One thing I’ve been meaning to create as part of Using Type is a heightened visibility for the invisible, non-printing, and otherwise under-appreciated formatting characters that happen to not make any marks on the page, but do happen to contribute quite a lot to our reading experience.
Let’s start with space. A most frequently employed character, space has the largest key on the keyboard. Its width is set by the type designer to optimally divide words on a page. The dead giveaway in a novice-designed typeface: the space is almost always much too wide.
The em space is as wide as the type size is high (an em space in 12 pt Bodoni is 12 pt wide), quite a generous gap should you require it. Letterpress printers traditionally begin each line with an em space, called an em quad. The en space is half an em space in width, and from the em you divide the rest of the fractional space units such as third space, quarter space, etc. The hair space is the narrowest of the spaces, a size down from the thin space, and the two are commonly used hemming in either end of an em dash, or between the initials in a name such as E. B. White’s. Okay, technically there are spaces and similar characters narrower than the hair space, because they’re zero-width non-spacing spaces—very useful in languages that run all together without explicit word spaces (Have I ever even heard of one of these? I know I’ve heard its spoken english equivalent.) but until today these have remained pretty far off my radar.
For setting numbers the figure space can come in handy, its width the same as the zero character. Similarly the punctuation space is set to the width of the period or comma. Anyone know what this one’s traditionally used for?
The non-breaking space, or no-break space does more than push apart words, it also binds the words (or neighboring word-like elements) on either side of it together, so that if one word breaks to the next line, they both do. These are helpful when things like proper nouns or phone numbers flow in a column of text, and you don’t want the entity to be line broken. I mentioned this last week, but you may not have caught it. Applying a no break character style is another way of accomplishing this behavior. Just highlight some text, from the top right menu of the Character palette, select No Break, and then keeping that same text selected, create a new character style. Apply this style to another bit of copy, and now any spaces or hyphens in it will act as non-breaking spaces, or non-breaking hyphens.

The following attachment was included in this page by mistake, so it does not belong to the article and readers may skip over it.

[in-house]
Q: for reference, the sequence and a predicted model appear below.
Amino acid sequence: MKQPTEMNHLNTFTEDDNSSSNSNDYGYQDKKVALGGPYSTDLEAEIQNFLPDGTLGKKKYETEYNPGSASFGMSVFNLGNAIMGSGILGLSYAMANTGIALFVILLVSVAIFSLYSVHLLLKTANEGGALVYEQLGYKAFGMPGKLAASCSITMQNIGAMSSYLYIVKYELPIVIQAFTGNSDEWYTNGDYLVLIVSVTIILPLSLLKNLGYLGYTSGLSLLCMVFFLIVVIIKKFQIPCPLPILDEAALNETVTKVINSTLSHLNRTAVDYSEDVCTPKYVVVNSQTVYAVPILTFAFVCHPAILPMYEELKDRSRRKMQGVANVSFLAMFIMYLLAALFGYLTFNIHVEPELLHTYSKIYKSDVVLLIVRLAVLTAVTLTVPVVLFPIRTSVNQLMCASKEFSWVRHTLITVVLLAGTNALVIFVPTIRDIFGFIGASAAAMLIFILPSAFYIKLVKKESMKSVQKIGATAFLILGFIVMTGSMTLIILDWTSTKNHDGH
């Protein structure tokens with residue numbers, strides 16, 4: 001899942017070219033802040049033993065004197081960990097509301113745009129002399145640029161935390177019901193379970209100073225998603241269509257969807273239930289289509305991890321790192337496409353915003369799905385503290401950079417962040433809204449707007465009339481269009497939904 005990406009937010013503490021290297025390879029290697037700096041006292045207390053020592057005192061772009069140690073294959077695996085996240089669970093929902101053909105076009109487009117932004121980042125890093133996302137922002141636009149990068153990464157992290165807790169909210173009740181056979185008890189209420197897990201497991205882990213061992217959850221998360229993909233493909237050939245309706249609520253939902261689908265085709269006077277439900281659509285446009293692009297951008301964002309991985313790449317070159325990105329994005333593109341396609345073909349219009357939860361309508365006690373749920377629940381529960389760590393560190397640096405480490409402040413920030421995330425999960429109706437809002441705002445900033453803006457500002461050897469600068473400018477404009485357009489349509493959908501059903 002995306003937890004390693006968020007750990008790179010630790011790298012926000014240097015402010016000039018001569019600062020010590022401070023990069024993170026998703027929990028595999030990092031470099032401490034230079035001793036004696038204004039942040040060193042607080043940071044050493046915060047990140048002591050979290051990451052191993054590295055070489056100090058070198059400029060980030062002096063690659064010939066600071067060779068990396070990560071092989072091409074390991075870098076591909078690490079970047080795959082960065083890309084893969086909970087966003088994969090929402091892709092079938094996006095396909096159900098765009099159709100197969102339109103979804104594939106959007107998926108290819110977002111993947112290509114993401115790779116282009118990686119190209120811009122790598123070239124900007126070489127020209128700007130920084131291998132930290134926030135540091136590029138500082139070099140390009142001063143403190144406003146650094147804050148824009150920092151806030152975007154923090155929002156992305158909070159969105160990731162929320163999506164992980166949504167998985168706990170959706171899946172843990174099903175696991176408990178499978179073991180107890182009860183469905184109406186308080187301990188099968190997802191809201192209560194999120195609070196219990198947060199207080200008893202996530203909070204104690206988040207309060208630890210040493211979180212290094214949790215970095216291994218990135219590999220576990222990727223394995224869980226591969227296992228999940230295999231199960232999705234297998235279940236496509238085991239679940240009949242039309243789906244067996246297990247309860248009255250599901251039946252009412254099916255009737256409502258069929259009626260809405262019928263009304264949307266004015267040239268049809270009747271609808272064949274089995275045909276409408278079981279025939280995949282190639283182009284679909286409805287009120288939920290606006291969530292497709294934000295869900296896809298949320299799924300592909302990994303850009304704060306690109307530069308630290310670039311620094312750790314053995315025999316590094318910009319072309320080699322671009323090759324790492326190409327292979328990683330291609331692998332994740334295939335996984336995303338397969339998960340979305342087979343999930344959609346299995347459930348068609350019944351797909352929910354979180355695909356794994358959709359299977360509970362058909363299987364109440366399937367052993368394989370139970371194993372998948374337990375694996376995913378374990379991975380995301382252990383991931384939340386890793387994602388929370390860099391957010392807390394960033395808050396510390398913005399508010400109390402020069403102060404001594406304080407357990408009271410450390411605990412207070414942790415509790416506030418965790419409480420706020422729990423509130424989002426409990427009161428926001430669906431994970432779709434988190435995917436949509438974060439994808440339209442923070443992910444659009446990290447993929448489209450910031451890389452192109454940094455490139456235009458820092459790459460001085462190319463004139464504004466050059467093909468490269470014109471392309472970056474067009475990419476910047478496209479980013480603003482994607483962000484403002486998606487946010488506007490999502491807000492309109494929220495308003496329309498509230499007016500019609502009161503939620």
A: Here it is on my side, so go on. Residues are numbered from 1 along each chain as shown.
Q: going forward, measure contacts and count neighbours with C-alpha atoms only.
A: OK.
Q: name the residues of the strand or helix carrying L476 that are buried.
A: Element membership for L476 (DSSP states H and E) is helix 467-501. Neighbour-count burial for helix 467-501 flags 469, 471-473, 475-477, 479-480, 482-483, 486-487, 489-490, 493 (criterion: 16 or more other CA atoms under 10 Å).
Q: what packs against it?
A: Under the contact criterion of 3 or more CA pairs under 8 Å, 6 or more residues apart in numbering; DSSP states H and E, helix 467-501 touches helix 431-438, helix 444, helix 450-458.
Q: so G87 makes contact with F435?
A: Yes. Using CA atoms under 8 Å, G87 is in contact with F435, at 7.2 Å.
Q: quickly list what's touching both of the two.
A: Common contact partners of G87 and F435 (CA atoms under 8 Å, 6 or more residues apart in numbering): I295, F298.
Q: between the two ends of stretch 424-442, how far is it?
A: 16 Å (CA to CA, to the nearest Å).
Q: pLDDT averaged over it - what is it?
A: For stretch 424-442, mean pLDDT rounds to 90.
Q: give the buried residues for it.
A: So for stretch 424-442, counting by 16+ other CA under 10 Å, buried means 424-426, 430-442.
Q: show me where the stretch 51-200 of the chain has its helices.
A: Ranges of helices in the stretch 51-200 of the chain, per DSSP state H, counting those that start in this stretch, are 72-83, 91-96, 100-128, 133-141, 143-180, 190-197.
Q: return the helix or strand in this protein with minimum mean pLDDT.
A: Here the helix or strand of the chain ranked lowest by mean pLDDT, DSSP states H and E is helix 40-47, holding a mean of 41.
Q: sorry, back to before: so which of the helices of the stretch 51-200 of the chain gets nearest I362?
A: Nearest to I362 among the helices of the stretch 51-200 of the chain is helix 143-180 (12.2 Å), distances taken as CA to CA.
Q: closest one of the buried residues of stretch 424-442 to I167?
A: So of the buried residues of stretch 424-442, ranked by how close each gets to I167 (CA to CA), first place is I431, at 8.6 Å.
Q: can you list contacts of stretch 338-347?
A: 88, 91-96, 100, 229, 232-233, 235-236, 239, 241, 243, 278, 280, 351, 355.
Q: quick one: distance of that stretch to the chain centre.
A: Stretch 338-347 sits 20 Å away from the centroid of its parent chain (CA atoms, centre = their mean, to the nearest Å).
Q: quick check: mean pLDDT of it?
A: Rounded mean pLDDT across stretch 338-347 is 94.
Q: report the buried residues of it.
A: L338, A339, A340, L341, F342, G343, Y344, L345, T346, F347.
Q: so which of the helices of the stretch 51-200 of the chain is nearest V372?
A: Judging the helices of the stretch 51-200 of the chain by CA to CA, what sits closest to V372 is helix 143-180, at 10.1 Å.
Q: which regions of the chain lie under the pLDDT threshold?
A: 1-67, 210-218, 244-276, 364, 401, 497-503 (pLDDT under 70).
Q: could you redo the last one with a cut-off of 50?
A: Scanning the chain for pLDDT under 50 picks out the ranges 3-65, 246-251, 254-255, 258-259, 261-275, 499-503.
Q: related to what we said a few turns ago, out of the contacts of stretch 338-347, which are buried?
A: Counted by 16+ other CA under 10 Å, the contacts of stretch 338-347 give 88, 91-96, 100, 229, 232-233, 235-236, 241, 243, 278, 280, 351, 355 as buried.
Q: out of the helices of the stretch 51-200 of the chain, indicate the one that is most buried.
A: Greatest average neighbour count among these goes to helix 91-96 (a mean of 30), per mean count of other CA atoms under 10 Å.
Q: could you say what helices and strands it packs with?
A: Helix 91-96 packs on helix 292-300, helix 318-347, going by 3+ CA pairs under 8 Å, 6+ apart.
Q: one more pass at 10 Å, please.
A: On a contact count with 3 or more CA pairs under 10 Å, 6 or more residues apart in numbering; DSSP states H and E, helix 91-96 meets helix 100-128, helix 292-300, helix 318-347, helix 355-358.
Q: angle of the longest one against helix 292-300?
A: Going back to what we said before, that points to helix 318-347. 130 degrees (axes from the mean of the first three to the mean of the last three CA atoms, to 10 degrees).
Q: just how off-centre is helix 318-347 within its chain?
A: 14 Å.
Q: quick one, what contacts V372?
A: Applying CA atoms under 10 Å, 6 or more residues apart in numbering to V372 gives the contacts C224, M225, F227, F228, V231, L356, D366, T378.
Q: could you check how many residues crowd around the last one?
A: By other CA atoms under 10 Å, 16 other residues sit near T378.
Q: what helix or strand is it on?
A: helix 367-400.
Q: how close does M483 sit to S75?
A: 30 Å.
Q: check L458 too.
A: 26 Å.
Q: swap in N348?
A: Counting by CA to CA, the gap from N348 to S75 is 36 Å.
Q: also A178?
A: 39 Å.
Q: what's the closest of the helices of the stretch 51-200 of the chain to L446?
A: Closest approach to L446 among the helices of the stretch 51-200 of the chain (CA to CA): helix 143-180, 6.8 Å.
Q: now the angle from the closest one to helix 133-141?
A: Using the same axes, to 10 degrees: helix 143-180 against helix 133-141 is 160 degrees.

Paragraph break (hard return) is the most familiar of these. Paragraphs in InDesign are delineated by the single press of the return key. (There are no hard returns inside paragraphs.) Unless you’re being lazy on purpose, don’t insert multiple hard returns in a document as a means of adjusting vertical spacing. Just adjust the spacing.
The forced line break (soft return) is a good solution for arbitrarily kicking the remainder of a line down one without breaking the structure of the paragraph. If you have a paragraph style applied, soft returns, typed Shift + Return on the Mac or Shift + Enter on Windows, maintain the style over the multiple broken lines.
Column break also ends a paragraph, sending the text below it to the top of the next column. On the Mac, access this by striking Enter on the number keypad. Similarly, text frame break, page break, and some I wasn’t familiar with exist in InDesign, odd page break, and even page break send the text below it to the top of the next frame or page or whatever as is given in the name of each.
Format & Positioning
Tabs are fantastic for organizing tabular information. (They’re not very helpful at all on the web, though the web has other means of handling similar requirements.) I’ve written a short piece on the proper use of tabs that I’ll refer you to since they’re pretty versatile.
The indent to here character hardly gets the attention it deserves. See it above, just preceding the word built; at the top of the indent. I use it all the time in conjunction with the tab character to simplify formatting of short documents down to a few keystrokes. Try it out yourself. Just click in the middle of a text column in InDesign and type Command + Backslash. (Mac) or Control + Backslash (Windows). The technique can be used for ex-dented text, hanging punctuation, or plain old columnar formatting. For longer texts working across multiple paragraphs, I recommend achieving the same effect with first-line indent and paragraph indent paragraph styles, since they don’t require the insertion of special characters.
When used inside a paragraph whose alignment settings are specify to Justify all lines, flush space is a gaseous space that expands to take the shape of its container. If you only use one flush space on a line that contains several other normal spaces, the flush space will collapse the normal spaces and word spacing down to size, and occupy all the rest of the available space.
End nested style here is another one I didn’t know about until today’s looking around. It doesn’t force InDesign to stop using a nested style just by virtue of inserting it somewhere in the middle of a paragraph style that makes use of nested styles. It rather serves as a custom marker character that can be referenced by InDesign’s nested styles settings, in the same way you can reference a soft return (forced line break) or tab, or whatever. The difference is that the end nested style here character can fit anywhere, even in the middle of a word without disrupting the flow of things. That’s it. Thanks for reading, and thanks to Dan Reynolds’s Malabar for the illustrations. Using Type is a regular Thursday series.
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